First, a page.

Fragments from another planet can hide in the earth

There is another planet in the earth. And it’s very big. In any case, this is theorized by a team of scientists from Arizona State University. But how could such an object get stuck there? It seems to have something to do with the moon.

According to the most popular current theory about the formation of our artificial satellite, a protoplanet called Theia – based on Titaness, the Greek mother goddess of the titans Helios and Selene – collided with the earth about 4 years ago, 5 billion years ago. The impact threw a giant stone into space and later shaped our moon.

Fragments from another planet in the earth’s mantle?

This theory, known as the giant impact hypothesis, arose in the 1970s after the Apollo missions showed that the composition of the lunar rocks was not significantly different from that of the rocks on Earth. Granted, this is just a guess like so many others about how the other planets in the solar system were formed. However, a new report claims that fragments of Theia could still be found in the mantle of our planet.

Layers the size of a continent

As we know from, this report was written by Qian Yuan, a graduate student at Arizona State University. It was recently presented at the 52nd Lunar and Planetary Science Conference. Yuan and his colleagues believe the remains of Theia are buried up to 1,000 km under the mantle of the blue planet between West Africa and the Pacific.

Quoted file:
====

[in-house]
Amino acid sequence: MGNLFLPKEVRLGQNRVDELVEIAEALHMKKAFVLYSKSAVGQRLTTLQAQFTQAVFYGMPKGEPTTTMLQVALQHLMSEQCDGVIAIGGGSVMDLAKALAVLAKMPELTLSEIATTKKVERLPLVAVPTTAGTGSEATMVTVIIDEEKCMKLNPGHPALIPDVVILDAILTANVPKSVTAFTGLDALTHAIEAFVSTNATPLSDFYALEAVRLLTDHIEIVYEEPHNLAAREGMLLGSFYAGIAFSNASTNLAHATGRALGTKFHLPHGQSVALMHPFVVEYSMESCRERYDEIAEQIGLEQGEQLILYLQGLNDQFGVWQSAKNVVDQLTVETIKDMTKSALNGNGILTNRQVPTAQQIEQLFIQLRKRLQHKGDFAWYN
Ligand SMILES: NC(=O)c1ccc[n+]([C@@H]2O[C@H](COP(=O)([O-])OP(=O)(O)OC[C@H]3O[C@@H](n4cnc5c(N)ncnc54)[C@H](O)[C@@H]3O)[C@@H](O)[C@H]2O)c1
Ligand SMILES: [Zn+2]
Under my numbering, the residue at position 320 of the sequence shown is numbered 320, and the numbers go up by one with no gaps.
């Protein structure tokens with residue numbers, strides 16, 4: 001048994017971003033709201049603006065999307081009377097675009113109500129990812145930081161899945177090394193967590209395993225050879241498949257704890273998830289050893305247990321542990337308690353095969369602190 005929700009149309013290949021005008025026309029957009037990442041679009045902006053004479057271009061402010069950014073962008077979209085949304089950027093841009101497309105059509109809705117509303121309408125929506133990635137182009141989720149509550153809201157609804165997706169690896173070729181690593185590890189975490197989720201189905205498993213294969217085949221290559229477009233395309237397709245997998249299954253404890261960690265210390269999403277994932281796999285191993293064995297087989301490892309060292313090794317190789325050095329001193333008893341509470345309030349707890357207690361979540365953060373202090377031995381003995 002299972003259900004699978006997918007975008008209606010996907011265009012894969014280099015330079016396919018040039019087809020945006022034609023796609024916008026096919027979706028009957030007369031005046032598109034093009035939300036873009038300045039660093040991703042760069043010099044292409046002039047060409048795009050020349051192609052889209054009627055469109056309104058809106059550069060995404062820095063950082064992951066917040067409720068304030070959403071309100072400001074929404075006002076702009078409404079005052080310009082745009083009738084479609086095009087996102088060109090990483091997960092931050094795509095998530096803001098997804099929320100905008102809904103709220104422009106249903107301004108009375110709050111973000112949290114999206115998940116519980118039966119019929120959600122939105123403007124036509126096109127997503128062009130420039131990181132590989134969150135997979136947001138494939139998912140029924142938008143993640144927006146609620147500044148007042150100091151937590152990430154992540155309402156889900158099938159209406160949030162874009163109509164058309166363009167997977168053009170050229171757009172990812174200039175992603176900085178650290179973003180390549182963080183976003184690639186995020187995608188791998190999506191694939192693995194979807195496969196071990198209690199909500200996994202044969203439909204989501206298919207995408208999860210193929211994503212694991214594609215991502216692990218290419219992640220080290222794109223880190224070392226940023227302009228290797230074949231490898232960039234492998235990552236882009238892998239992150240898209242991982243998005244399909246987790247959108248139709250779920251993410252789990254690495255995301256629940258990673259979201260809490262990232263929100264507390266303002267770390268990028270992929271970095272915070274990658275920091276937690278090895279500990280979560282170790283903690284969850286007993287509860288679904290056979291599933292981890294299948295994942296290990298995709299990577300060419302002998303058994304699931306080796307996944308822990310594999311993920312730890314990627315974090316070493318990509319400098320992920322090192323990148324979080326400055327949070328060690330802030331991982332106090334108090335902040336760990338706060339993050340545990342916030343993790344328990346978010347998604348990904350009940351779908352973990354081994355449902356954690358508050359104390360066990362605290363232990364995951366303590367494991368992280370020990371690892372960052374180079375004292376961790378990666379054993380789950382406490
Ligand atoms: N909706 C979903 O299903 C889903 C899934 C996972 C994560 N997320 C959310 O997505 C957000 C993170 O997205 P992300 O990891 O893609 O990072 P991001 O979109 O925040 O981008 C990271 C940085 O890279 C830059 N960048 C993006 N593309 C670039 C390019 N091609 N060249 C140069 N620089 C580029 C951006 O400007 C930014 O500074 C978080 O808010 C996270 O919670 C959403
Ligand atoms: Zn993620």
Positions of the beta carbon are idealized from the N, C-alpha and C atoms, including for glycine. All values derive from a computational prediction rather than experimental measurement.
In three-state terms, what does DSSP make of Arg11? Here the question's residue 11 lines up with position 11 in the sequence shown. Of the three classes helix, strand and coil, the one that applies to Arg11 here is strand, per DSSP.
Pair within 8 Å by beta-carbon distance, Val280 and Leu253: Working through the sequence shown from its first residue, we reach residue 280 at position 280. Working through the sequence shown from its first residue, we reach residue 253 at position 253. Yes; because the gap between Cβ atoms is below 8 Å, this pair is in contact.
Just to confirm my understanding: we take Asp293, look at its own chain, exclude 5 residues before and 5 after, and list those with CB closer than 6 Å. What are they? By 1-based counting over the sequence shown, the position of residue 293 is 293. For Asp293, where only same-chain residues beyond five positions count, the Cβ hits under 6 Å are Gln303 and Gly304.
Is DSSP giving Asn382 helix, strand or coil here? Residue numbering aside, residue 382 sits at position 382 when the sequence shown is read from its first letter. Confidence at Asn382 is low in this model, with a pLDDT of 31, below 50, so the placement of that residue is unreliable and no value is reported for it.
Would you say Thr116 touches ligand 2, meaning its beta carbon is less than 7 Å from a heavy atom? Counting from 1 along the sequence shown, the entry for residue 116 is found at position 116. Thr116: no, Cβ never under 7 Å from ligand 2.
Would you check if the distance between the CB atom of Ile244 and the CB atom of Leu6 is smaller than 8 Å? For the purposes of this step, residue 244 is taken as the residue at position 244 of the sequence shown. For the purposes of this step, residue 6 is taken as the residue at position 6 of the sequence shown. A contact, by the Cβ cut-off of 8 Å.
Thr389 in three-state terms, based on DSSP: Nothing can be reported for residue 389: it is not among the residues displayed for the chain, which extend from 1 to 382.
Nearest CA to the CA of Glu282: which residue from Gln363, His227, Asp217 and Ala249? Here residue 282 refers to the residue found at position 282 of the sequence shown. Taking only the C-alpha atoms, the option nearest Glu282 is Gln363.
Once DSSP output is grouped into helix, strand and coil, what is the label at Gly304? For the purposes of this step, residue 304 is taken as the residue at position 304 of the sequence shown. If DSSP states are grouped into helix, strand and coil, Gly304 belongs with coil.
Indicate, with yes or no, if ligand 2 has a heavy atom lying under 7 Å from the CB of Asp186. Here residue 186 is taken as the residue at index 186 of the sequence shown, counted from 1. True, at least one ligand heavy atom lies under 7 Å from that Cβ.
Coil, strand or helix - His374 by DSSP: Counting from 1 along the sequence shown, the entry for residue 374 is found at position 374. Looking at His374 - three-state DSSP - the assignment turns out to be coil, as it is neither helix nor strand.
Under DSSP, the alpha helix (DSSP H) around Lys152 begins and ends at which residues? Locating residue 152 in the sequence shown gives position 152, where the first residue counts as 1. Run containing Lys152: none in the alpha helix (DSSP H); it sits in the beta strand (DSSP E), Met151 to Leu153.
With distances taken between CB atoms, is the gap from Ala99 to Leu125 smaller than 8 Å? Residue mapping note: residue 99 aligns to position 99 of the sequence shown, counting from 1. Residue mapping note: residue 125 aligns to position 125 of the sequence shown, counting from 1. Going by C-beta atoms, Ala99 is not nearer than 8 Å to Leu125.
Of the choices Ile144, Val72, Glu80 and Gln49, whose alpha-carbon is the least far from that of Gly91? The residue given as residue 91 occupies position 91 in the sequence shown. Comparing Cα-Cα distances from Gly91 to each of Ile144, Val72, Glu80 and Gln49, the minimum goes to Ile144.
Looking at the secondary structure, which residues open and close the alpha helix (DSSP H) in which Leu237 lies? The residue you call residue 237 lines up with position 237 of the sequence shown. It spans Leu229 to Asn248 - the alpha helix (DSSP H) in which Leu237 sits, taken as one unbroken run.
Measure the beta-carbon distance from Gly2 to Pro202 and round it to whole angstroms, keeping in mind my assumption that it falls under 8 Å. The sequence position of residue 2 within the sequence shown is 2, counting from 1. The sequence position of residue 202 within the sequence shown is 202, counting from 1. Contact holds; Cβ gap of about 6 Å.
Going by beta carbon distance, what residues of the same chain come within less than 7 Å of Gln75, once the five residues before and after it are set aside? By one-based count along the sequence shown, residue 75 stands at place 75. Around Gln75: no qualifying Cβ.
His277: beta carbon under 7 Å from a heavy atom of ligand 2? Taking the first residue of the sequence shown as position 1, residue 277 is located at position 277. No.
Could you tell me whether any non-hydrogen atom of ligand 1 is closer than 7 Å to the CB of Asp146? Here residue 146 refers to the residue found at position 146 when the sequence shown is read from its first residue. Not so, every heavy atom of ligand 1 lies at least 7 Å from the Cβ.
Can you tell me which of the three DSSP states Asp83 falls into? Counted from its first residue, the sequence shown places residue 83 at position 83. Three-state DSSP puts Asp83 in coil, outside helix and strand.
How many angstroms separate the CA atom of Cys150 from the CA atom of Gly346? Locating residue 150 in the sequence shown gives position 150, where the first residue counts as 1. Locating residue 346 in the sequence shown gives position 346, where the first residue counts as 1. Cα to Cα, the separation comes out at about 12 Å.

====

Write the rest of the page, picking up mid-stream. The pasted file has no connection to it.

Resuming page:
Fragments of Théia are buried up to 1000 km below the earth’s mantle. Photo credit: Shutterstock / Pavel Gabzdyl

These plates, known in French as “LLSVP” (for provinces with high shear rates) or large provinces with low shear rates, therefore extend over several thousand kilometers. Researchers know they’re there because seismic waves from earthquakes abruptly slow down as they pass, suggesting that the layers are denser and chemically different from the surrounding mantle rock.

A size comparable to the earth?

Giant impact theory suggests an impactor the size of Mars, but Yuan and colleagues, including astrophysicist Steven Desch, suggest Theia was comparable in size to Earth. According to this new hypothesis, after the two planets collided, lighter stones were thrown into space and eventually formed the moon, while heavy material remained buried near the Earth’s core.

For now, this is all theory, but future lunar missions should allow samples of the lunar mantle to be compared to LLSVPs, which could ultimately prove the correctness of the hypothesis by Yuan and his collaborators.